Advanced Micro Devices
were rising Tuesday, following an upgrade by a Wall Street analyst and bullish comments by one of the chipmaker's senior executives.
Bear Stearns analyst Gurinder Kalra said that pressure on AMD's microprocessor prices is lessening and that its inventory situation had improved over the past few months.
According to Kalra, price pressure on AMD will be less severe in the second half of the year, with the company "willing to walk away from low margin business" and benefiting from a rapid shift toward dual-core processors.
And Kalra said the company could experience considerable upside in processor shipments, particularly for notebooks. Kalra said he expects
to ship two AMD-based notebook models by the fourth quarter of the year.
Dell recently said it would sell desktops and servers featuring AMD chips, ending its long practice of using only
Kalra upgraded AMD shares to an outperform rating from a previous peer perform rating, and raised his year-end price target on the stock to $29. Bear Stearns makes a market in AMD shares and has provided non-investment banking services to the company whitn the past 12 months.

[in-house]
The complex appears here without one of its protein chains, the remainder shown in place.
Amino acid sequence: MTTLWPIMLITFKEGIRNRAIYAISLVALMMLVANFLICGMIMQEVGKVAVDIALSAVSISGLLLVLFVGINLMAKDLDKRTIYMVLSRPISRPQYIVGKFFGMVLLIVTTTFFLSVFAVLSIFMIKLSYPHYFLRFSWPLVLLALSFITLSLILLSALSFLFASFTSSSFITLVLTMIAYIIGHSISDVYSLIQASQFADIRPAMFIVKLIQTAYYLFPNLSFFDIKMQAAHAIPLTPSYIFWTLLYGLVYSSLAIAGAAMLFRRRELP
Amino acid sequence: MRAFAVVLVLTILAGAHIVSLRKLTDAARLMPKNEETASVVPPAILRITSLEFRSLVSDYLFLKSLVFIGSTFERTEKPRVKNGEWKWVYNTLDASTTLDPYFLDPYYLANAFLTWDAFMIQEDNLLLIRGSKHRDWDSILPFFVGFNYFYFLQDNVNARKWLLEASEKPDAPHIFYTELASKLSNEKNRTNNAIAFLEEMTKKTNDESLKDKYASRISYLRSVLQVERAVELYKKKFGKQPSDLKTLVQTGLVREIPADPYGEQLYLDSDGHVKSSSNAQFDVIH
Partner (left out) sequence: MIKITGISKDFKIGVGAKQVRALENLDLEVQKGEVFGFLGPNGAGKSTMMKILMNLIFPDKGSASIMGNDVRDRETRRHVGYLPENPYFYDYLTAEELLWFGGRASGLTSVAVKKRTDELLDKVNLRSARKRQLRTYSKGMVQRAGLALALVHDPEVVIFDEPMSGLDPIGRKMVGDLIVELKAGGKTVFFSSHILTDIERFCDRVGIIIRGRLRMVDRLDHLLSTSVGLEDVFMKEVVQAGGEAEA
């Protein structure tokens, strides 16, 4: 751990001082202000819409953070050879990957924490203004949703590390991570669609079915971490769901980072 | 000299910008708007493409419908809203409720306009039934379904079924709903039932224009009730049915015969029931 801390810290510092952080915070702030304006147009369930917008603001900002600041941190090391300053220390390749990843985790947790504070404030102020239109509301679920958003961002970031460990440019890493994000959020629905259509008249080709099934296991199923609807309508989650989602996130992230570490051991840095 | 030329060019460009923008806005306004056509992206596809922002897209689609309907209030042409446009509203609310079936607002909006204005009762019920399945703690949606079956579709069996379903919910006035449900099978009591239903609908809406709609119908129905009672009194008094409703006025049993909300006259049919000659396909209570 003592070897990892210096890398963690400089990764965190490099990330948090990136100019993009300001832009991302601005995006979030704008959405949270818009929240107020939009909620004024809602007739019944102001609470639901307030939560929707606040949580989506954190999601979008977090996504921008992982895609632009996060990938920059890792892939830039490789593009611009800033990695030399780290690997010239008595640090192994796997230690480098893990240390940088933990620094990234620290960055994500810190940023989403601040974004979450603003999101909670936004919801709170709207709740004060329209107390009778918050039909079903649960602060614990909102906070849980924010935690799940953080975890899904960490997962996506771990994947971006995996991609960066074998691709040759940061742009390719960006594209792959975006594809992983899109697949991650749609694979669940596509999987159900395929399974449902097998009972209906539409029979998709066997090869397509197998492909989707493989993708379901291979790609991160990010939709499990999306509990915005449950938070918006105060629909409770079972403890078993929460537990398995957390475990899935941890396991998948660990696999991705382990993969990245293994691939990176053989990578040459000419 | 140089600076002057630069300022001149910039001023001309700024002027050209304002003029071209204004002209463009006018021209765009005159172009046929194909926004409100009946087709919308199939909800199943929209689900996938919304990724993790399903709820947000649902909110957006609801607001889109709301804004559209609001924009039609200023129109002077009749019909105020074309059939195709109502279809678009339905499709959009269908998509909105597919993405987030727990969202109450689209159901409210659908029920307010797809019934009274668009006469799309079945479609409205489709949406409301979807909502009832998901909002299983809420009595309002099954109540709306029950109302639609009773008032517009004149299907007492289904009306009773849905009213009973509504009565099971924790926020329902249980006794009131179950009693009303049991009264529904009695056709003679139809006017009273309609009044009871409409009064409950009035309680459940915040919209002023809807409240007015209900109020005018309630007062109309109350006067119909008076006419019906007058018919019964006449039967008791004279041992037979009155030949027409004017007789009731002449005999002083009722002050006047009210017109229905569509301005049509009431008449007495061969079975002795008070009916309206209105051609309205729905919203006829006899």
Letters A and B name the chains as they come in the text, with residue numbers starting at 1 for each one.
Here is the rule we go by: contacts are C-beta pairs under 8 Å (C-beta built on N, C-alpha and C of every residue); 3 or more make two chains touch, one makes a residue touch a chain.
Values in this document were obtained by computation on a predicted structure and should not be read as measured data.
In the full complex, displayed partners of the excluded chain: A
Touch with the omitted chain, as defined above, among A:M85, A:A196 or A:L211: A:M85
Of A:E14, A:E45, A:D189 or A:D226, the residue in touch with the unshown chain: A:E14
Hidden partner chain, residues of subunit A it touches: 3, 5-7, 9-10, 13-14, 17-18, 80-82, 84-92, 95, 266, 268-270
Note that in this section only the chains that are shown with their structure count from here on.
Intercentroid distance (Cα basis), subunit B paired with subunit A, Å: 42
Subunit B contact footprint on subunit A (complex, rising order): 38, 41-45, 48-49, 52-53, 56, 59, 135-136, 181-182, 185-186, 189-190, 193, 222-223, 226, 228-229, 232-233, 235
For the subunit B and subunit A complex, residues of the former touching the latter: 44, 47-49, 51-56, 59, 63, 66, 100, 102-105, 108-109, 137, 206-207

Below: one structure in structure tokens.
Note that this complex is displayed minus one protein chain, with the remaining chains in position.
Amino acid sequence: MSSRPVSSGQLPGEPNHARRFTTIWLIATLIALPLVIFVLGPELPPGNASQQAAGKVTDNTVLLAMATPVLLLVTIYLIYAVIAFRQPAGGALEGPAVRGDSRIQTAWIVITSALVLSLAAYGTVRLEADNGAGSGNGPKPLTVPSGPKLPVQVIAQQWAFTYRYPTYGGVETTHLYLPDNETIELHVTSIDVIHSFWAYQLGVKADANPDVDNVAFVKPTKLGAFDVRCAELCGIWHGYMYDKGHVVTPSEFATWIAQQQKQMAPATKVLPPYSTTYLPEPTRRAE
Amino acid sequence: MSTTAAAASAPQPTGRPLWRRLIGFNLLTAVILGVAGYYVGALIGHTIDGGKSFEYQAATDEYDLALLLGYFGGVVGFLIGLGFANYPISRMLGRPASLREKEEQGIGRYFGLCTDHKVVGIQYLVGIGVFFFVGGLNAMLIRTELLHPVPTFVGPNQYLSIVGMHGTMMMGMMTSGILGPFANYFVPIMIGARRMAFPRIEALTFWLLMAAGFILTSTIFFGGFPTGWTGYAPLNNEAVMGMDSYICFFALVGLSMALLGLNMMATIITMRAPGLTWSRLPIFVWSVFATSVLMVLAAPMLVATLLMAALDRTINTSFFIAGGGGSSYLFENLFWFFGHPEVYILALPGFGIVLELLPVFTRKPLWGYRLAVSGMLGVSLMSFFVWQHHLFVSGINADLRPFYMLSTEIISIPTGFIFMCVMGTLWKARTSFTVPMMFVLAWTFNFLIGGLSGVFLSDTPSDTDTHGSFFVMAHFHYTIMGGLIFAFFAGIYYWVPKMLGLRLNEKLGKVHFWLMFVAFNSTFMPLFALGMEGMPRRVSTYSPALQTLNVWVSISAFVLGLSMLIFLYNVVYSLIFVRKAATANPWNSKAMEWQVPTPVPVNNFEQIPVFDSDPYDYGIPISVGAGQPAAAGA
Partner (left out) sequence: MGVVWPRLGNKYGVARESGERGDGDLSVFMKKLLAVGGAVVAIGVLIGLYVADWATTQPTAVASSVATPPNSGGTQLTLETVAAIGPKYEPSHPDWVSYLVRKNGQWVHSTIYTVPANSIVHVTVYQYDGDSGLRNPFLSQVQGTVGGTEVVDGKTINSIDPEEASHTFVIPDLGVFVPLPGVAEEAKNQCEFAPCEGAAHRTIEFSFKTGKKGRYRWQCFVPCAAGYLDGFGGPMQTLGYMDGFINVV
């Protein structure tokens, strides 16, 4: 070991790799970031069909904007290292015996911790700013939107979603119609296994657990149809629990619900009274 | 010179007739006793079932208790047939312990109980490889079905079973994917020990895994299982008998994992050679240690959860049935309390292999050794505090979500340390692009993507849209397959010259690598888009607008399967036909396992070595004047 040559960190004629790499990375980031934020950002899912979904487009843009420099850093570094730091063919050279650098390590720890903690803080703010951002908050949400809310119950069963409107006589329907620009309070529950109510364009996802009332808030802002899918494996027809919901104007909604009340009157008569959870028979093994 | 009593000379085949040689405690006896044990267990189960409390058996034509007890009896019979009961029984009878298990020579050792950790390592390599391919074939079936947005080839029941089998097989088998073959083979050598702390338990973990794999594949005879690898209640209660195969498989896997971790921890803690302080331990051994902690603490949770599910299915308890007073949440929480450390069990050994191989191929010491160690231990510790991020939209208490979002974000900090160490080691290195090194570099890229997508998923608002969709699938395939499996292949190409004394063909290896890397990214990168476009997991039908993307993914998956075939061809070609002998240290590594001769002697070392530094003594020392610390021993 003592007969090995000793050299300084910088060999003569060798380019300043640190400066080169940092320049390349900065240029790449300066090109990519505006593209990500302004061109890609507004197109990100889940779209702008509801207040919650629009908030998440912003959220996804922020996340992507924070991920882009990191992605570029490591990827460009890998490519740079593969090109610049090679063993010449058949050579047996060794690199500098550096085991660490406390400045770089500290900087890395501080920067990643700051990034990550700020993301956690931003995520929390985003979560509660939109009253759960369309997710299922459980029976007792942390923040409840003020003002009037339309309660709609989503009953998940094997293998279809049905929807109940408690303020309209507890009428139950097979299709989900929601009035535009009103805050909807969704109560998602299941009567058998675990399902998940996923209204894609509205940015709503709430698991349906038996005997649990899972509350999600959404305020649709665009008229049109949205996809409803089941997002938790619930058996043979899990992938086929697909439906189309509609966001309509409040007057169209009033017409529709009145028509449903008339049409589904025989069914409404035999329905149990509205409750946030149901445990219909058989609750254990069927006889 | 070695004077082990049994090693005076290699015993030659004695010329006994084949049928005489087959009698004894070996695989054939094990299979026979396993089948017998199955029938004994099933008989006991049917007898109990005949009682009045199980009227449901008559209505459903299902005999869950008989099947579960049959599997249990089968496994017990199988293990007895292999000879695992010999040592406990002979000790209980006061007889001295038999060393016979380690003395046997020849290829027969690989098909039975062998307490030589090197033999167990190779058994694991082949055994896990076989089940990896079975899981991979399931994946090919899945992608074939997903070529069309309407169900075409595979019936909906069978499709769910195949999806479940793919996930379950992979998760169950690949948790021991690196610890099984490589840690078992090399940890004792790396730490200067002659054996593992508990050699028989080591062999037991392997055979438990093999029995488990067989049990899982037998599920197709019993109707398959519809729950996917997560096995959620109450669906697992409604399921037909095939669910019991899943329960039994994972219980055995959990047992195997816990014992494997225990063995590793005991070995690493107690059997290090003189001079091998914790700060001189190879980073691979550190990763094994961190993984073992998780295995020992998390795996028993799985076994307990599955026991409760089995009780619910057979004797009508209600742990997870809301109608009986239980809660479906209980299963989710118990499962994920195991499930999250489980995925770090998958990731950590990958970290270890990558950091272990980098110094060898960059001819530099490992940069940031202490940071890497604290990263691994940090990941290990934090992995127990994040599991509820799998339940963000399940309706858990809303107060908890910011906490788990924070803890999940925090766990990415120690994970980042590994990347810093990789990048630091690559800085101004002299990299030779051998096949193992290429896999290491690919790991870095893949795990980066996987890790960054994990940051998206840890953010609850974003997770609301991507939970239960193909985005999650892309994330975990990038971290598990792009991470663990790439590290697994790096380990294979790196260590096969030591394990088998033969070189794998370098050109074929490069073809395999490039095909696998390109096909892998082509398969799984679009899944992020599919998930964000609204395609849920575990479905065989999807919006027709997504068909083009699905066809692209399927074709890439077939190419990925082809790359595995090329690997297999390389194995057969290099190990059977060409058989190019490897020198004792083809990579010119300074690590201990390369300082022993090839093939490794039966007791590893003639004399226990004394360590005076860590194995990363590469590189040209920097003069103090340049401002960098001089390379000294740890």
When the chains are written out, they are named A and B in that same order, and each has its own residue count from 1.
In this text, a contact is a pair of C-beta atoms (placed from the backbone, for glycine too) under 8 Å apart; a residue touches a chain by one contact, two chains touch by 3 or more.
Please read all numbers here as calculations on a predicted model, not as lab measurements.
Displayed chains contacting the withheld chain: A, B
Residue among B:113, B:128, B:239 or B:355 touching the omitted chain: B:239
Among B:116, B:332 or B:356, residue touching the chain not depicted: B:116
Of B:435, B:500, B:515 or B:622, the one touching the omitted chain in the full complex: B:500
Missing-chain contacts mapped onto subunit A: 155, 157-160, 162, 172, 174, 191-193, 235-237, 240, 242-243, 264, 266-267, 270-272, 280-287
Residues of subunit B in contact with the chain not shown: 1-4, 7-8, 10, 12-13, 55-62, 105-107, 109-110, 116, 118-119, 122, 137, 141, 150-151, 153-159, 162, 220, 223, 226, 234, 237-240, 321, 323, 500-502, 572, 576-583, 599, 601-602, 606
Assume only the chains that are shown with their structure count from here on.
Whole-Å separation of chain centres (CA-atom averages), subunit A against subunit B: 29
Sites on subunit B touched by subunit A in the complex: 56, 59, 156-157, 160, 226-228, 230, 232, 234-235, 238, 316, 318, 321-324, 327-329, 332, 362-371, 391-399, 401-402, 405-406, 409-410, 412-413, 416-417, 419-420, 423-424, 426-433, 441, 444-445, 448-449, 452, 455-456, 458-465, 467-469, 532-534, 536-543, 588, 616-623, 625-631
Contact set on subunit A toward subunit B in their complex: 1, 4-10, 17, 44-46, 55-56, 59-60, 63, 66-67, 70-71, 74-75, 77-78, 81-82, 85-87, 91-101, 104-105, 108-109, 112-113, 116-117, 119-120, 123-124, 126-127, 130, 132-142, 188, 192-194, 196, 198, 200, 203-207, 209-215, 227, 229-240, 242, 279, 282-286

Shares of AMD were up 6.4%, or $1.49, to $24.89 in midday trading Tuesday.
The company's shares are down 29% since mid-May, with investors turned off by a slowing PC business and a fierce price war between AMD and Intel.
According to a
news report, AMD Commercial Business Vice President Marty Seyer told journalists that the company believes it can take 40% of the worldwide server market in units by 2009.
AMD has previously stated that its goal is to capture 30% of the overall market supplying microprocessors for computers of all types including servers, desktop PCs and laptops in the next couple of years, up from roughly 20% today.
Seyer was in Shanghai for the opening of a new research and development facility that the company is opening in the Chinese city. According to AMD, the multimillion dollar facility will employ hundreds of people and focus on next-generation mobile technology.